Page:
Title

Power and Privilege: A Pedagogical Approach for Multicultural Counseling without Perpetuating Stereotypes

Conference Strand

Teaching, Training, and Supervision

Abstract

This presentation explores the use of a systems-based pedagogical approach and creative methodologies for teaching multicultural counseling course. As current diversity pedagogy can unintentionally perpetuate stereotypes, this pedagogical method examines social systems, power differentials, and intersectionality to provide a holistic approach to multicultural counseling courses. Current literature, assignment ideas, and best practices will be provided through discussion and activities.

Description

While social justice & multiculturalism is at the core of the counseling profession, pedagogical methods for increasing multicultural competence continues to present challenges (Chan, Cor, & Band, 2018). This includes the unintended perpetuation of stereotypes when teaching multicultural counseling courses.To combat this phenomenon, there is growing literature supporting the use of other pedagogical methodologies to enhance students’ multicultural competence. Additionally, research shows that students of color tend to be dissatisfied with the breadth & depth of multicultural courses (Seward, 2014). The depth & breadth of this content can be enhanced through education regarding social systems, historical occurrences, societal perceptions, intersectionality, power, & privilege. Using a systems approach to strengthen students’ understanding of these nuanced aspects of multiculturalism increases students’ multicultural sensitivity & awareness by encouraging self-exploration (Torino, 2015). Additionally, students’ exposure to diverse groups may be limited, thereby limiting their empathy towards & understanding of the experiences of those of other cultures (Shen, 2015). The use of movies to demonstrate societal injustices has been shown useful in increasing students’ interests and desires to enhance their multicultural competencies, as well as offers students an opportunity to observe the experiences of others (Shen, 2015). As advocacy is also part of our duty as counseling professionals (ACA, 2014), it is important that students are aware of their privilege & how to use said privilege to advocate for others. This presentation will suggest a framework for a systems-based pedagogical method for teaching diversity issues in counseling to better prepare counselors in training for clinical work, teaching, research, supervision, & advocacy. Attendees will learn the basis for this systems-based approach, as well as best practices. This will also include activities & assignments that can be used in multicultural counseling courses & other courses wishing to infuse more multiculturalism. Attendees will also learn about the current literature in support of this pedagogical method.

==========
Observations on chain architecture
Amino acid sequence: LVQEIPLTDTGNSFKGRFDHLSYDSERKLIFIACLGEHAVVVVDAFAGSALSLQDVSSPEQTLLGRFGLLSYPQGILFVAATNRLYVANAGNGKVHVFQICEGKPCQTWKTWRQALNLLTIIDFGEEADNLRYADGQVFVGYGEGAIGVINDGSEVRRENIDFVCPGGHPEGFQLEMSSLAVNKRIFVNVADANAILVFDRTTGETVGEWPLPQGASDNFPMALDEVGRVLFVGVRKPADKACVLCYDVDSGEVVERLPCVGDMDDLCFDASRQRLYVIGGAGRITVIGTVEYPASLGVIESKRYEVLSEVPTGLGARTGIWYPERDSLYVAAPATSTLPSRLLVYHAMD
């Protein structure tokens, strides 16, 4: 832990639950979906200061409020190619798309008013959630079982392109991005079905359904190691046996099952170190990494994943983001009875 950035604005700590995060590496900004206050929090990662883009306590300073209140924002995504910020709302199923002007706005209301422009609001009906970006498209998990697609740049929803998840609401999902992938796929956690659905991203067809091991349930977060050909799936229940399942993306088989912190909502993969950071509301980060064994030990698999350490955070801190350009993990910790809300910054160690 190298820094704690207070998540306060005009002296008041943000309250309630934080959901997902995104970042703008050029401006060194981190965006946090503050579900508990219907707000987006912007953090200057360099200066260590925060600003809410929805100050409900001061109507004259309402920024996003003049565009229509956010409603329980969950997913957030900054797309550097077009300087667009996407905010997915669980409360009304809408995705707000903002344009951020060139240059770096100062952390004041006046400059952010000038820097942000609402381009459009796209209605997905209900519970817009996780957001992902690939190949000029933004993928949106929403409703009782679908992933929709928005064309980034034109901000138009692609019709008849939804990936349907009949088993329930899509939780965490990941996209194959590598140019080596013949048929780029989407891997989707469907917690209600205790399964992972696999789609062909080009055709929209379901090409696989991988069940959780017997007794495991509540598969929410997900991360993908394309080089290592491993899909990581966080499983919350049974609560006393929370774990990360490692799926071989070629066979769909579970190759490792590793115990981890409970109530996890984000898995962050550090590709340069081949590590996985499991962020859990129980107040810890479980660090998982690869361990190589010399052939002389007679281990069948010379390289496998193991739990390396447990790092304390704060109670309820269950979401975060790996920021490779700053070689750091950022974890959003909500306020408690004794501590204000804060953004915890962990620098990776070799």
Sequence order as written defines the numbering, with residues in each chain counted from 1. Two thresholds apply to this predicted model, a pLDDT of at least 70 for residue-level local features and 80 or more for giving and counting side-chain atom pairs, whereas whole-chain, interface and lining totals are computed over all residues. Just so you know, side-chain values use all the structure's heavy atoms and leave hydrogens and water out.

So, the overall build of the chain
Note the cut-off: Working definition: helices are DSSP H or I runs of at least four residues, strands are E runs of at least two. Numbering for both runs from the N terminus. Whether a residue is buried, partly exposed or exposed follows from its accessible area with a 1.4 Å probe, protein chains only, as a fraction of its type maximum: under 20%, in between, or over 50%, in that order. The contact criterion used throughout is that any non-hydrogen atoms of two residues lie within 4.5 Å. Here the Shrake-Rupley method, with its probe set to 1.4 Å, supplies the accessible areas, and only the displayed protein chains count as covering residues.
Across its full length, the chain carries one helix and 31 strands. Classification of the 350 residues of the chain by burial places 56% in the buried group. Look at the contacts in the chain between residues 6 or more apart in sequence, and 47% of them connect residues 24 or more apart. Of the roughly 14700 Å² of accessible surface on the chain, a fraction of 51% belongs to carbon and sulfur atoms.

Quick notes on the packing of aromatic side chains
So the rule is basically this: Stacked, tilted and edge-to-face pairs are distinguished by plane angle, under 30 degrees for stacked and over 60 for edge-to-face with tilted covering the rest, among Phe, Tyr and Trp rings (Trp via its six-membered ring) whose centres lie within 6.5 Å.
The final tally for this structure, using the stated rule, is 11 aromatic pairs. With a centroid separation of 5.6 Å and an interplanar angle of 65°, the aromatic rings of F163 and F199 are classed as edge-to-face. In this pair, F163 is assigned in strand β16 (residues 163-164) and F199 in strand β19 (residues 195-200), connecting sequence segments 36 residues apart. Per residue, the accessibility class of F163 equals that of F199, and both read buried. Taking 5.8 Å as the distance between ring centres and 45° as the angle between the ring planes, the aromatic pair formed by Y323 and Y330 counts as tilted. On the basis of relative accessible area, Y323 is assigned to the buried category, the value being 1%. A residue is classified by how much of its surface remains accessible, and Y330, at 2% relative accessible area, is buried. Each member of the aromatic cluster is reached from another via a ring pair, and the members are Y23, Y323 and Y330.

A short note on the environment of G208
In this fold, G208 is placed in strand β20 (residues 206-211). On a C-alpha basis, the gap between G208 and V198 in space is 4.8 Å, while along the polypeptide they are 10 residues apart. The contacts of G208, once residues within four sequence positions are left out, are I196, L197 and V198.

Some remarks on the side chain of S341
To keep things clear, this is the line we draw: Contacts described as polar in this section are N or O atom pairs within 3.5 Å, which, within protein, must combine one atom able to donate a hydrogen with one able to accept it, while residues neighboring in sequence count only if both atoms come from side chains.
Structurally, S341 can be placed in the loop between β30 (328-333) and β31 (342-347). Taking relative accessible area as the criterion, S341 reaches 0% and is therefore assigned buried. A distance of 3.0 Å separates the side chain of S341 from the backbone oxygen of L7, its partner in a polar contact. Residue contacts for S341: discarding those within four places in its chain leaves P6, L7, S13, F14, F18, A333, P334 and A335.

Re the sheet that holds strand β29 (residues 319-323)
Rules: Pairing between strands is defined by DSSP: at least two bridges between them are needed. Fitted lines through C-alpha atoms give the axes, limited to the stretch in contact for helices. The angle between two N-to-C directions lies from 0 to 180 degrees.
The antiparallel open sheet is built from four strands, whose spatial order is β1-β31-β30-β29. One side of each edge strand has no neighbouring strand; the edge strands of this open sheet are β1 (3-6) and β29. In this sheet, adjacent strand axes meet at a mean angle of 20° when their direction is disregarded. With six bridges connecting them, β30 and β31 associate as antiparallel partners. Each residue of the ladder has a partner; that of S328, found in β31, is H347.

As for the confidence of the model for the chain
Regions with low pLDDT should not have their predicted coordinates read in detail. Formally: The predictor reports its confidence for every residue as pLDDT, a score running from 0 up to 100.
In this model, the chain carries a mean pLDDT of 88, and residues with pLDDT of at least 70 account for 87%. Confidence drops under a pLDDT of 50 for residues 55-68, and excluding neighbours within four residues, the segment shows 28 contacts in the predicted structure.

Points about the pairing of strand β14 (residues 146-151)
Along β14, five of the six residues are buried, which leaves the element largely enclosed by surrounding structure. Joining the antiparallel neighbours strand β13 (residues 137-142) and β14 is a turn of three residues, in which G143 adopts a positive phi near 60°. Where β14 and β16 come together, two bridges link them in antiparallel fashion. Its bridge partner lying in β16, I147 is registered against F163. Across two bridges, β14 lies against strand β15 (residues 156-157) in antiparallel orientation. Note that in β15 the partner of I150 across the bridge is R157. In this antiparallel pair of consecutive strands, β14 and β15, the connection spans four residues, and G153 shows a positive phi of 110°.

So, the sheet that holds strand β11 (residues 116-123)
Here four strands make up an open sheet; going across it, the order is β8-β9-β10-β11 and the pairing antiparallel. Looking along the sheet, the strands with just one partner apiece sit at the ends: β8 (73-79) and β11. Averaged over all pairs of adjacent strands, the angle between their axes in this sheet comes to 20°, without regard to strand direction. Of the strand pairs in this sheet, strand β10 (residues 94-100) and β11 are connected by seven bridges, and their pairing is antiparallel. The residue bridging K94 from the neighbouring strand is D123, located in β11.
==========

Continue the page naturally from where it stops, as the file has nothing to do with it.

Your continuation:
Evidence

American Counseling Association. (2014). ACA code of ethics. Alexandria, VA: Author.

Chan, C. D., Cor, D. N., & Band, M. P. (2018). Privilege and oppression in counselor education: An intersectionality framework. Journal of Multicultural Counseling and Development, 46, 58-73.

Greene, J. H., Barden, S. M., Richardson, E. D., & Hall, K. G. (2014). The influence of film and experiential pedagogy on multicultural counseling self-efficacy and multicultural counseling competence. Journal of Multicultural Counseling and Development, 14(5), 63-78. doi:10.14434/josotlv14i5.12656

Guth, L. J., Pollard, B. L., Nitza, A., Puig, A., Chan, C. D., Singh, A. A., & Bailey, H. (2019). Ten strategies to intentionally use group work to transform hate, facilitate courageous conversations, and enhance community building. The Journal for Specialists in Group Work, 44(1).

Kasardo, A. E. (2019). Size as a diversity absent from multicultural textbooks. Women and Therapy, 42, 181-190.